Baker claims Mullins and Paolucci committed Constitutional violations throughout the events of this case. First, he claims the officers violated the Fourth Amendment both in pulling over his vehicle and in arresting him. Second, he claims the officers used excessive force while arresting him. And third he alleges the officers participated in a malicious prosecution against him in the subsequent months. He also brings state law claims for outrage, false arrest, and malicious prosecution.

         The Court concludes that the record shows no Constitutional or statutory violations by Defendants. But even if there were, Mullins and Paolucci would be entitled to qualified immunity.

         A. The officers' initial decision to pull Baker over. 1. Officers had reasonable suspicion for traffic stop.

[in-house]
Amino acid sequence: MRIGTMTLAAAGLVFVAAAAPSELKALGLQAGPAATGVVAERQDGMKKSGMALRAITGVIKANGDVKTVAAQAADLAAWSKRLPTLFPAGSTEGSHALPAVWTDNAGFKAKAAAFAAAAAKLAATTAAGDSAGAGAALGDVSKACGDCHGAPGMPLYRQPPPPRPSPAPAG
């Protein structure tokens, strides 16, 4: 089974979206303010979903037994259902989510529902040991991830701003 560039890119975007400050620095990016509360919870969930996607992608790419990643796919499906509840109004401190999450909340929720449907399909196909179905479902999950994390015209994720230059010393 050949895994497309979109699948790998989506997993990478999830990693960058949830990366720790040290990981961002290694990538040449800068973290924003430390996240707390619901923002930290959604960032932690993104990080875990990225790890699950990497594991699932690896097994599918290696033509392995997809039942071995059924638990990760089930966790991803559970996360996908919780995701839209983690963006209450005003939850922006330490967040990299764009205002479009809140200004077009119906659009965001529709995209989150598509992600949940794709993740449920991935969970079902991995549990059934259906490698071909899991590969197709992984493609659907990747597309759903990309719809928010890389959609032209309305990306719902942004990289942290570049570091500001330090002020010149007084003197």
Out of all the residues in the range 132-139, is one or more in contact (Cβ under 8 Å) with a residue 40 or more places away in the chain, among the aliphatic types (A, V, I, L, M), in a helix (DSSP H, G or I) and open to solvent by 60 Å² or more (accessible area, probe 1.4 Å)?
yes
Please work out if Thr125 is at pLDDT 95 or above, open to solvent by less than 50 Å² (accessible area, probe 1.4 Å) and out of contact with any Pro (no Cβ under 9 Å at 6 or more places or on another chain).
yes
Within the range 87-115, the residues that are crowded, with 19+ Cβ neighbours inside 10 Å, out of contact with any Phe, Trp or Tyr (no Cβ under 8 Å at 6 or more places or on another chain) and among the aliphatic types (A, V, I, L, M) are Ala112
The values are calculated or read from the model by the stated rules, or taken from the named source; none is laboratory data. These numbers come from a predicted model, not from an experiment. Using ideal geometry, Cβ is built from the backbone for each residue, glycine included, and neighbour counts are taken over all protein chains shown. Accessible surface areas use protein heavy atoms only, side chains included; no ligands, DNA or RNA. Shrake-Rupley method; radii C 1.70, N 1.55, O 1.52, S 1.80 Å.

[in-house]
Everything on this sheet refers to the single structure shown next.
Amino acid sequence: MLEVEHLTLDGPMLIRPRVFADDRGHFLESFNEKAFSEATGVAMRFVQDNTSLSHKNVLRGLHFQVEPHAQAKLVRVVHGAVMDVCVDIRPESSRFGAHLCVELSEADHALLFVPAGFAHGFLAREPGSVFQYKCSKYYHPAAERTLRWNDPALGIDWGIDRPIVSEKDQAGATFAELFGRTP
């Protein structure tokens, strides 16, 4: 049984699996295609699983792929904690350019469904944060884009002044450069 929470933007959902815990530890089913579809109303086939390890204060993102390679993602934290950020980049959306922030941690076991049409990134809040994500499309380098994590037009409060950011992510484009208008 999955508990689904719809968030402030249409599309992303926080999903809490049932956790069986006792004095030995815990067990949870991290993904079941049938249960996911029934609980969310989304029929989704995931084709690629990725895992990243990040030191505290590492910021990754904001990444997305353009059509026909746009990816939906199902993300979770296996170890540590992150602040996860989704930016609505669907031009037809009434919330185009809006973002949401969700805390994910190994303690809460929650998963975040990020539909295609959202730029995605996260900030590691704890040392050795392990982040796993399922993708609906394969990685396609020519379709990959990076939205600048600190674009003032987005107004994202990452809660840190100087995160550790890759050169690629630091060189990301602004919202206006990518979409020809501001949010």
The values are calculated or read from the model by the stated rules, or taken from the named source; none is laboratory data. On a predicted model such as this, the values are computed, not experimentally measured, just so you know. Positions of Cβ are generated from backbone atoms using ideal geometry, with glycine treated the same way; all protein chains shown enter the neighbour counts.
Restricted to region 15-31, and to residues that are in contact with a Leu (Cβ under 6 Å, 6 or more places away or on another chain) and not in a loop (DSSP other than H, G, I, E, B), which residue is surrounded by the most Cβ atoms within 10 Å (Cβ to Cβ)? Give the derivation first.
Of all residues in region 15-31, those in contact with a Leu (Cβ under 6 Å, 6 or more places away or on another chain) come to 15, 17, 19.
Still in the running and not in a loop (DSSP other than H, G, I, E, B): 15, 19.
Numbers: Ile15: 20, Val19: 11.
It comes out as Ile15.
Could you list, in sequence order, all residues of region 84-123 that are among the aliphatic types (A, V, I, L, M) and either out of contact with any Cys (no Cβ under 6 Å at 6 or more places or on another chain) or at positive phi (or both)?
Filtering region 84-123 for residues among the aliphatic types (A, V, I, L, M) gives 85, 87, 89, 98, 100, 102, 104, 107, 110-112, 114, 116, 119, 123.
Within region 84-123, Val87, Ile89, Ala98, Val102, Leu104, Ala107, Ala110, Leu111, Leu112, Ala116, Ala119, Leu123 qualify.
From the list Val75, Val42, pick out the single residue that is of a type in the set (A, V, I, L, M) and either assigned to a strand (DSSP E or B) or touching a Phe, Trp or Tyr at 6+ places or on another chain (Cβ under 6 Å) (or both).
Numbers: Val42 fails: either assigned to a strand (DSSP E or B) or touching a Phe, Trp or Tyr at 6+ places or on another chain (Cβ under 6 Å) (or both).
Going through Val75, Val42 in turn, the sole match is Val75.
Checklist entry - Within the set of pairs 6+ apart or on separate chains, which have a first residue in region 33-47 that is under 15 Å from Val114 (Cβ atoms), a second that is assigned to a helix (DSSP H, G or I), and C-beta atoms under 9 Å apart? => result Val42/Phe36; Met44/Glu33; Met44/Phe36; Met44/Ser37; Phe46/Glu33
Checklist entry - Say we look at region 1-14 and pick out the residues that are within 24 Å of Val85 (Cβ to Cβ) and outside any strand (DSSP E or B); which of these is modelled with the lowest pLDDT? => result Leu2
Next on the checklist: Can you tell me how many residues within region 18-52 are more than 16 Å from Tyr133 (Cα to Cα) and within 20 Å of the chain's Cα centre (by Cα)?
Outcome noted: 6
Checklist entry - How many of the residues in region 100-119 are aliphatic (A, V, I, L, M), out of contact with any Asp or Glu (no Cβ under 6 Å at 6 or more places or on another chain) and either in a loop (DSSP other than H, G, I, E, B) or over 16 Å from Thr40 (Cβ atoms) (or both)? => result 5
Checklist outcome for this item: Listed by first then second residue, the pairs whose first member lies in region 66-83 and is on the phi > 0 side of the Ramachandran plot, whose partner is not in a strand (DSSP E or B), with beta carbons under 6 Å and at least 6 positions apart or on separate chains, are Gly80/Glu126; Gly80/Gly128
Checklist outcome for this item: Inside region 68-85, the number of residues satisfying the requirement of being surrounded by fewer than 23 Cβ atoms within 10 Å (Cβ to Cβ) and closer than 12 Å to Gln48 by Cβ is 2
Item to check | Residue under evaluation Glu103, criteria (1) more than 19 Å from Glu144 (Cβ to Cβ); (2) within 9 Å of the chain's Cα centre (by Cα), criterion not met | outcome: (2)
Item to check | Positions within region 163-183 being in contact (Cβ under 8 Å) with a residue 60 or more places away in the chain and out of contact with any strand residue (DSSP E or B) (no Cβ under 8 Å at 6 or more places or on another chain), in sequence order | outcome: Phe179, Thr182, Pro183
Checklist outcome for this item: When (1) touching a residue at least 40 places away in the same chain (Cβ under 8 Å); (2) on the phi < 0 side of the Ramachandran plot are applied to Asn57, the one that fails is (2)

Baker first claims the officers violated the Fourth Amendment by pulling him over without reasonable suspicion of a crime. The Terry v. Ohio reasonable suspicion standard applies to traffic stops. Heien v. North Carolina, 574 U.S.___, 135 S.Ct. 530, 536 (2014); Arizona v. Johnson, 555 U.S. 323, 327 (2009); United States v. Bost, 606 Fed. App'x. 821, 823 (6th Cir. 2015)(citing Terry v. Ohio, 392 U.S. 1 (1968)).

         Under Kentucky law the officers were enforcing at the time, “a car weaving in its own lane is sufficient evidence on its own to create a reasonable suspicion.” Baker v. Commonwealth, 475 S.W.3d 633, 635 (Ky. App. 2015); see also Gaddis ex rel. Gaddis v. Redford Tp., 364 F.3d 763, 771 (6th Cir. 2004)(applying Michigan law and finding reasonable suspicion when motorist weaved twice to touch the center lane). The Supreme Court of Kentucky has also found that ...